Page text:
We’re coming out of a brief cold snap here in the South, and I’m grateful for that. I spent Sunday with my windows and door wide open, blasting Bachata (sorry neighbors) while I got a final deep-clean in before hunkering down for winter.
This week, I graded assignments on kink and wrote about therapists who won’t talk about sex. I also scheduled another class at the Happy Kitten Pleasure School and started plotting a new educational offering.
Let’s get into the details.
Coursework at the Sexology Institute
Friends are asking about what my new instructor role at the Sexology Institute is like. Some also want to know what completing the course entails.
On the instructor side, things are pretty straightforward. The course is self-guided. Students mostly read texts or watch educational videos, then write or record responses to questions at the end of each lesson.
My job is to read or listen to those responses and determine whether the student demonstrates an understanding of the lesson. If they do, they pass. If not, they don’t pass. Sometimes I issue a passing grade but include a note with clarifying information if part of their response was slightly off-base or incomplete.
For those interested in taking the course, you can learn more on the Institute’s page on Sex Coach Training. Feel free to reach out with any questions. Hope to see you in class!
My Therapist Won’t Talk About Sex
I’ve had clients approach me because their therapist didn’t feel like the right resource to turn to for counseling on sexual topics. When I dug into this phenomenon, I learned quite a bit about the history sex-negativity in psychotherapy.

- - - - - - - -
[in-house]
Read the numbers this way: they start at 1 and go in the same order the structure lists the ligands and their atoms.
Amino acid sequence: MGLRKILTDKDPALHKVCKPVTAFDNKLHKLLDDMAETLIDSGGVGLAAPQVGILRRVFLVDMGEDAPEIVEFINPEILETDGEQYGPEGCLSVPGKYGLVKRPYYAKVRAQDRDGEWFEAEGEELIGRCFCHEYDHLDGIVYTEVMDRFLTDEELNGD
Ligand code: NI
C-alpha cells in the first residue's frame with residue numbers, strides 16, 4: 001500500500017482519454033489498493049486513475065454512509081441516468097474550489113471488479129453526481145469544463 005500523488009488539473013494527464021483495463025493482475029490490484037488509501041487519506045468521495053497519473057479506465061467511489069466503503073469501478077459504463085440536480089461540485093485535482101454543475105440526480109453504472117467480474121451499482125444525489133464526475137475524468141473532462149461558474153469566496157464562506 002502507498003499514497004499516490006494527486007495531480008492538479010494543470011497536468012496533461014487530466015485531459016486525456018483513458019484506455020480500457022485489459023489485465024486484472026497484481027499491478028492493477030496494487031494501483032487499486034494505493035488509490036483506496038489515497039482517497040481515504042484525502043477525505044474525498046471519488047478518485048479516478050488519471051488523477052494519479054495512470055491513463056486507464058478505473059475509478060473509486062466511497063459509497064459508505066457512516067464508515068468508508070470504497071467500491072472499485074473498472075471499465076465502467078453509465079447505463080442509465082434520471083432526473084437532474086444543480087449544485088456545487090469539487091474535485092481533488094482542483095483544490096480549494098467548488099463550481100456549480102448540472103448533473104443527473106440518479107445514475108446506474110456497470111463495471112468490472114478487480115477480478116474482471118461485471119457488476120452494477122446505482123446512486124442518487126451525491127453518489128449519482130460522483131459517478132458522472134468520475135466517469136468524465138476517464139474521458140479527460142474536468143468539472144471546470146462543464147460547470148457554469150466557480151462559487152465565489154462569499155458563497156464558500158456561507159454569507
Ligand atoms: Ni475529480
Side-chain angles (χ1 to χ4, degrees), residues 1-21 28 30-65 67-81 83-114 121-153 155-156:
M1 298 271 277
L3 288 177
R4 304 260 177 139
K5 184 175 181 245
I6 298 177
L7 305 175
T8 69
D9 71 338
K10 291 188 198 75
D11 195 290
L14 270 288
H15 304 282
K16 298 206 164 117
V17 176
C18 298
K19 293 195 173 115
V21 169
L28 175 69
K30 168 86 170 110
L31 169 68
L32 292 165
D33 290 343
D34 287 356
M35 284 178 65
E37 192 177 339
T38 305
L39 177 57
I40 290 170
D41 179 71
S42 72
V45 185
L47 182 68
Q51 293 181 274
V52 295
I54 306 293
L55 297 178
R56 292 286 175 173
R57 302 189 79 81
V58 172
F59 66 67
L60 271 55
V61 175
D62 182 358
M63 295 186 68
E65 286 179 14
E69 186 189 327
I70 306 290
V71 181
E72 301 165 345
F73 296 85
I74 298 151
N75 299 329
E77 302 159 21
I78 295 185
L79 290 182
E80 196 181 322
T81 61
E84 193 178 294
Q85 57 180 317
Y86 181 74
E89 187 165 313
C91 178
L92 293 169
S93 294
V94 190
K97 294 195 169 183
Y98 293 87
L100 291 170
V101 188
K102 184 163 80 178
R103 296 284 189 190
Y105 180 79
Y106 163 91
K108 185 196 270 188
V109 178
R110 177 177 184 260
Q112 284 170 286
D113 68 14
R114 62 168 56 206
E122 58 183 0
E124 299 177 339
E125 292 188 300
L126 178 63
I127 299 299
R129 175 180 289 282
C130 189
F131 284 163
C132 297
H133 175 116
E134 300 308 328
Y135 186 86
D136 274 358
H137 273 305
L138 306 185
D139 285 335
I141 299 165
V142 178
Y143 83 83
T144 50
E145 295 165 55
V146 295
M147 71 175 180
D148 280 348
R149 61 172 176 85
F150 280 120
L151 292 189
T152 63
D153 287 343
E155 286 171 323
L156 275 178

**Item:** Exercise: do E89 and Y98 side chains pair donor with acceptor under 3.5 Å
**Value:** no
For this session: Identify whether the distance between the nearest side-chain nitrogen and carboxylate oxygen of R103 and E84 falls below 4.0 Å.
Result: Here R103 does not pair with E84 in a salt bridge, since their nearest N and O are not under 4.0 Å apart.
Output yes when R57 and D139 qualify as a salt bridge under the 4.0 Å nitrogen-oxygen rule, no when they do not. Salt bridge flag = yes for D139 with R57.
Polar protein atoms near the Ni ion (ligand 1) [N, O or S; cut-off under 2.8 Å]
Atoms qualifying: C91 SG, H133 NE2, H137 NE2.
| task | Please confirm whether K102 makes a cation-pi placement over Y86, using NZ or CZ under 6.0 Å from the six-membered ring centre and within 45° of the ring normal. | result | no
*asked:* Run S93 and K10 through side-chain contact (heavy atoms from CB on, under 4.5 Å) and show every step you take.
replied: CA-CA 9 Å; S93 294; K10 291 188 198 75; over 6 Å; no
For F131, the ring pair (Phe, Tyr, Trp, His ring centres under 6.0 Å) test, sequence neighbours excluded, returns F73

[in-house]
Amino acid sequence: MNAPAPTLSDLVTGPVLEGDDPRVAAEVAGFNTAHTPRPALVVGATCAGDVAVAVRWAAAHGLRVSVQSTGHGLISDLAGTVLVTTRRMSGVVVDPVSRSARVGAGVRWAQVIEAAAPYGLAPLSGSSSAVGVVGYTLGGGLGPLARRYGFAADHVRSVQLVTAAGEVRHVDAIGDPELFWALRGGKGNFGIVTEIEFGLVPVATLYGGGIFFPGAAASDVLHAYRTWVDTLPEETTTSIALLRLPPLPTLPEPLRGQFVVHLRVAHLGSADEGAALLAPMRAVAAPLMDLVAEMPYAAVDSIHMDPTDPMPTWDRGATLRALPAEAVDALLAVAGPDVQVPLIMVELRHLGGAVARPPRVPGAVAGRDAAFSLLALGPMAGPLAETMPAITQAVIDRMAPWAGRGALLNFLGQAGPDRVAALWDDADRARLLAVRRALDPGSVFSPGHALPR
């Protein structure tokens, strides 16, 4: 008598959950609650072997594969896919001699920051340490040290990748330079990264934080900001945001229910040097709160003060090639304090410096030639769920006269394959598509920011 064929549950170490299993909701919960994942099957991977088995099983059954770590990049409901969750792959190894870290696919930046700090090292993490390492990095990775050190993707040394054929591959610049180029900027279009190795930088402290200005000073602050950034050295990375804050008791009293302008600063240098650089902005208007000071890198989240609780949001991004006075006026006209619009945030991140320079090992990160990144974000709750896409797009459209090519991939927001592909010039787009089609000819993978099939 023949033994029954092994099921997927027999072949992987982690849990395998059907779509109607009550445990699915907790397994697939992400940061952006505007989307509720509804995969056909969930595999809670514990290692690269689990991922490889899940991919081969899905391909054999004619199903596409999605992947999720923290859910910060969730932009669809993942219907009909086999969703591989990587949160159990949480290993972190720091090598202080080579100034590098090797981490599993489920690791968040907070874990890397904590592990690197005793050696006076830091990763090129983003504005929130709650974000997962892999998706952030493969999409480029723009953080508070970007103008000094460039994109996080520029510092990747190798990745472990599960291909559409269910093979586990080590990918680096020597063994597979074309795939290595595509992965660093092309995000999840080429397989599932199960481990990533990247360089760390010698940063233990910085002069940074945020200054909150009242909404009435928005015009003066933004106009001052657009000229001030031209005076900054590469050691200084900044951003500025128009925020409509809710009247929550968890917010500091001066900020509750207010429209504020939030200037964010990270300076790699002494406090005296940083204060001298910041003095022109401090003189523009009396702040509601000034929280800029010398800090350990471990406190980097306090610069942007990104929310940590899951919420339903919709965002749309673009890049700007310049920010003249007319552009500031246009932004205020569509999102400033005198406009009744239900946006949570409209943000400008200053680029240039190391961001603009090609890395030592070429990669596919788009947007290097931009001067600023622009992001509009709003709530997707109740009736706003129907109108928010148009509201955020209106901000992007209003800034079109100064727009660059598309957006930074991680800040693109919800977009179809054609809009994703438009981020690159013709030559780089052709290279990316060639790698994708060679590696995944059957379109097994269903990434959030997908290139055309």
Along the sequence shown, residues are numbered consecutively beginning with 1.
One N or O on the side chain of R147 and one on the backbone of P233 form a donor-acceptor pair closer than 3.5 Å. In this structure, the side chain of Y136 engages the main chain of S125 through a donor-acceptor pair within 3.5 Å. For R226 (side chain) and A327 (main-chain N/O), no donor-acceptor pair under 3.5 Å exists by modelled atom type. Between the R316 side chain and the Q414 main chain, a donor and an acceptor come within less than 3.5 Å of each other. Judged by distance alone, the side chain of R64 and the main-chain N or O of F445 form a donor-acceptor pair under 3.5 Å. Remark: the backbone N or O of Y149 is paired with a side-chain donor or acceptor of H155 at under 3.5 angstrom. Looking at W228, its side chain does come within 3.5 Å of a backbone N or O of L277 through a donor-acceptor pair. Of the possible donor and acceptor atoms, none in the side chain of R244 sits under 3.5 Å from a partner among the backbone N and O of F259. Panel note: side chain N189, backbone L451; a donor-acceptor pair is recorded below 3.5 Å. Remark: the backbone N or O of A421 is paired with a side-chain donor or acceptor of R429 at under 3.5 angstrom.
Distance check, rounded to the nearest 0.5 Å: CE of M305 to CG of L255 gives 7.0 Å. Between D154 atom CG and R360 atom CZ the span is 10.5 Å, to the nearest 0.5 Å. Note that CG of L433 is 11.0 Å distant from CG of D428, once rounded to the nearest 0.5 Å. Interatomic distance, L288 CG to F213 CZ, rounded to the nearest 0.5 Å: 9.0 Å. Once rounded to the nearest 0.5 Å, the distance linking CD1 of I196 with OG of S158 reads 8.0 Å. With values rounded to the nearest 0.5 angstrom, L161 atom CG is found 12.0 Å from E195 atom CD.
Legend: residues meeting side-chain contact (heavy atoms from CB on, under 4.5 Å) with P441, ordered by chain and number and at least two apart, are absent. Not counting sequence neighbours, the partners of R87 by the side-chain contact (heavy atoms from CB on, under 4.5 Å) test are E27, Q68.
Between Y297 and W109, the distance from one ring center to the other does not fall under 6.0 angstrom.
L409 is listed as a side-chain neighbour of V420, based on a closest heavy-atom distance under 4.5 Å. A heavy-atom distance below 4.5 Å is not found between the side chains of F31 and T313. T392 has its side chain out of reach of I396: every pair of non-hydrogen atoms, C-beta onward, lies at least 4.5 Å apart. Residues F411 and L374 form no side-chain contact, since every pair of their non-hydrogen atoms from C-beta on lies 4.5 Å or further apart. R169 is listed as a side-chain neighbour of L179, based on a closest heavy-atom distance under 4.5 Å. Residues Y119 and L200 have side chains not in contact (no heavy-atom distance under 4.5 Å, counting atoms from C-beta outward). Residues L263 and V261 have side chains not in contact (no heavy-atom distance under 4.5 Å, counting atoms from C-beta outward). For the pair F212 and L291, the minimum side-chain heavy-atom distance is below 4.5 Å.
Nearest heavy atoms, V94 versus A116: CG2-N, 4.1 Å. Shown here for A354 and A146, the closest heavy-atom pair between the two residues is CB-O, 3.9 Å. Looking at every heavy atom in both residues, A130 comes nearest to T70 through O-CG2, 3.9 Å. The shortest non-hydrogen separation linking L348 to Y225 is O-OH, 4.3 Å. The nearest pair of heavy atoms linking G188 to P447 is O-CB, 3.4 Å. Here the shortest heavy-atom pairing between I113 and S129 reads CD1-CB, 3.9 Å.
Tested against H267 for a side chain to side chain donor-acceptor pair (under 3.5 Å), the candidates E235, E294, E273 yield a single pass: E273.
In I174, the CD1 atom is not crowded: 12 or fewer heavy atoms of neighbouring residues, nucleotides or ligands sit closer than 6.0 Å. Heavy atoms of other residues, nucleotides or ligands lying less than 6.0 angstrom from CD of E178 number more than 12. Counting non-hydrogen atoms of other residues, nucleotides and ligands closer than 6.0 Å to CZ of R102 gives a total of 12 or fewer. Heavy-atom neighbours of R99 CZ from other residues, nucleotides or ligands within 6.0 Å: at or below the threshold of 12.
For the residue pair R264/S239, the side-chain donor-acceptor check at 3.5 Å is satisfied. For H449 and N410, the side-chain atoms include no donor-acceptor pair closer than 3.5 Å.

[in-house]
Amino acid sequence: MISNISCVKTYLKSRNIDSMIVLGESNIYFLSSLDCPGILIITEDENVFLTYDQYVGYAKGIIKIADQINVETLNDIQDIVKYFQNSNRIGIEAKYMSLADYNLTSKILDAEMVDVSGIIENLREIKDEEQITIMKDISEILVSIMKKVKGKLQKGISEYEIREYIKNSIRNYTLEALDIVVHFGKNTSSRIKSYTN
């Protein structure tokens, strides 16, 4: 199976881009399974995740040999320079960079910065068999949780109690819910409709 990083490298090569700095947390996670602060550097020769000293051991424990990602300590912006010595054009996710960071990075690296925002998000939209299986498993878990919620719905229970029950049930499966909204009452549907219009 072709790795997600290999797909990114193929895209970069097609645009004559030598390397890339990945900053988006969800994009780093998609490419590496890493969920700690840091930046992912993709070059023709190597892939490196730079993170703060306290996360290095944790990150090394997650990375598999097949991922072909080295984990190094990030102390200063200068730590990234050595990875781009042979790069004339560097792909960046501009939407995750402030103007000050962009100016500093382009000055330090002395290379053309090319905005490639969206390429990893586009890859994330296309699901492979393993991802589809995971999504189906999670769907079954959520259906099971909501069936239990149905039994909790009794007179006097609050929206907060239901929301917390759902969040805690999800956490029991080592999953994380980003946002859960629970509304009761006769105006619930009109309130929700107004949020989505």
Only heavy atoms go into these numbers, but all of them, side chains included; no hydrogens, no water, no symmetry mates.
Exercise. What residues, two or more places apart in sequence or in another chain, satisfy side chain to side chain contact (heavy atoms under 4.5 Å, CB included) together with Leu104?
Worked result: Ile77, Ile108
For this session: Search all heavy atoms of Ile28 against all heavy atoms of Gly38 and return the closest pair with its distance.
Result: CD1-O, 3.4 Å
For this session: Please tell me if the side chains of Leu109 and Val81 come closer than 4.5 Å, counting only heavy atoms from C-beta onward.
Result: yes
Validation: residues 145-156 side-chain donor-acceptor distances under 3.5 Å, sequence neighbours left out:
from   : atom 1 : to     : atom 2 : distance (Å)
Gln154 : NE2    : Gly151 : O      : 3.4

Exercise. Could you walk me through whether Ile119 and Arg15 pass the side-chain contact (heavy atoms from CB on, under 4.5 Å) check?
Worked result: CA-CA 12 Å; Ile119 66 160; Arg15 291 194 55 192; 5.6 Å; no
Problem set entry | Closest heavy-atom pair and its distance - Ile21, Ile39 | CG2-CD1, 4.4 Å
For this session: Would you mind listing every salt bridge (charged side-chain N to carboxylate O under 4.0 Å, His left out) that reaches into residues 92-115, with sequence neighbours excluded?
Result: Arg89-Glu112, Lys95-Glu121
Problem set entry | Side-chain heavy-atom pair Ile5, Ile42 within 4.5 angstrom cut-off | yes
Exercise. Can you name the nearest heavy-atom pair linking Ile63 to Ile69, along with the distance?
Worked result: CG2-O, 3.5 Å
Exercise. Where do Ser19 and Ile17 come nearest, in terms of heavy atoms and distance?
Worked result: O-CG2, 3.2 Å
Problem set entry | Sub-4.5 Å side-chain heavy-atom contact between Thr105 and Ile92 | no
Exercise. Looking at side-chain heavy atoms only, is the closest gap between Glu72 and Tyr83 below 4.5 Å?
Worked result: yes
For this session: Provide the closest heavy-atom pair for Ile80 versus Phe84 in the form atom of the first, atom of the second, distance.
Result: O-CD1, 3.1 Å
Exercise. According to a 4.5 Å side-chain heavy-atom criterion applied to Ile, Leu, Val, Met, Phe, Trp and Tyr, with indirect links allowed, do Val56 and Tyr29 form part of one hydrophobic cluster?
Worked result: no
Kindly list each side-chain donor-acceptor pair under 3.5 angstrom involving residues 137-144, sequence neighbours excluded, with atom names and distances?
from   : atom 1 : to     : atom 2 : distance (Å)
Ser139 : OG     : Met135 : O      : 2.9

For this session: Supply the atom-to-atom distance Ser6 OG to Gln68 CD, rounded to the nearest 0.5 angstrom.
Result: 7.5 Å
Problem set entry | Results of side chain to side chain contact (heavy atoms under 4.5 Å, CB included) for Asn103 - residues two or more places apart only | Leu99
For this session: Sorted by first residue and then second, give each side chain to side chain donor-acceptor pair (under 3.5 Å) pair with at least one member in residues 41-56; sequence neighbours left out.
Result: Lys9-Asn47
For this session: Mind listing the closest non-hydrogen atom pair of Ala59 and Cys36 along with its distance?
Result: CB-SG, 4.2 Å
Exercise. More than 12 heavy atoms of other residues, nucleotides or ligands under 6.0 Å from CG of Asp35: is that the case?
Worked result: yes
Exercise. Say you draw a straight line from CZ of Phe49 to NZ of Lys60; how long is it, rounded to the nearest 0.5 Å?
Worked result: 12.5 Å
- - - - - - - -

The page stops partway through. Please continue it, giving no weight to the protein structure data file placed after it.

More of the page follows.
Many therapists are perfectly comfortable talking about sex. For some, however, it’s not so simple. Some reasons for this include:
Professionalism. The American Psychological Association’s (APA) ethical principles forbid therapists from having outside relationships with clients. This includes relationships of a sexual nature. Some therapists may feel that simply talking about sex crosses this boundary.
Sexual stigma. Therapists are people, and as a result can hold many of the same stigmas we do about sex or sexual interests that aren’t heterosexual, cisgender, and monogamous. For some, even sex that does fall neatly into these categories can cause discomfort.
Lack of information. Historically, therapist training has only briefly touched on sexual health and human sexuality. Counselors have to seek additional continuing education in order to be adequately informed about how to help clients with sex-related issues.
If your therapist is uncomfortable talking about sex, learn what to do in this week’s article, My Therapist Won’t Talk About Sex.
Strap-On Sex at the Happy Kitten Pleasure School
The Happy Kitten Pleasure School has scheduled its second weekend of classes at Prive. This time, attendees can purchase a single ticket good for one person and attend on their own. Classes will be reformatted to accommodate both solo and partnered attendees – hurray!
My pegging class has also been reworked into a strap-on sex class to accommodate more diverse uses for harnesses and dildos in sex. Here’s the class description:
Whether you and your partners are strap-on novices or pegging aficionados, there’s always something more to discover about this fun form of penetration. From new and classic lube options to finding the right dildo and harness to meet your desires, come get hands-on practice with harness fitting and equipment selection. Learn about preparing for strap-on play, stimulating areas like the g-spot and prostate, different positions to try, and how to achieve even more pleasure with strap-on sex.
Classes take place this weekend, November 13th and 14th, in New Orleans. Learn more about my class and others and buy your tickets here.
After some reflection inspired by last week’s sex ed business course by Cameron Glover, I’m assembling a new event centered around collaborative learning and sex-positivity. Keep an eye out for more exciting information.
That’s all for this week. Stay warm, and of course…
Stay sexy. ❤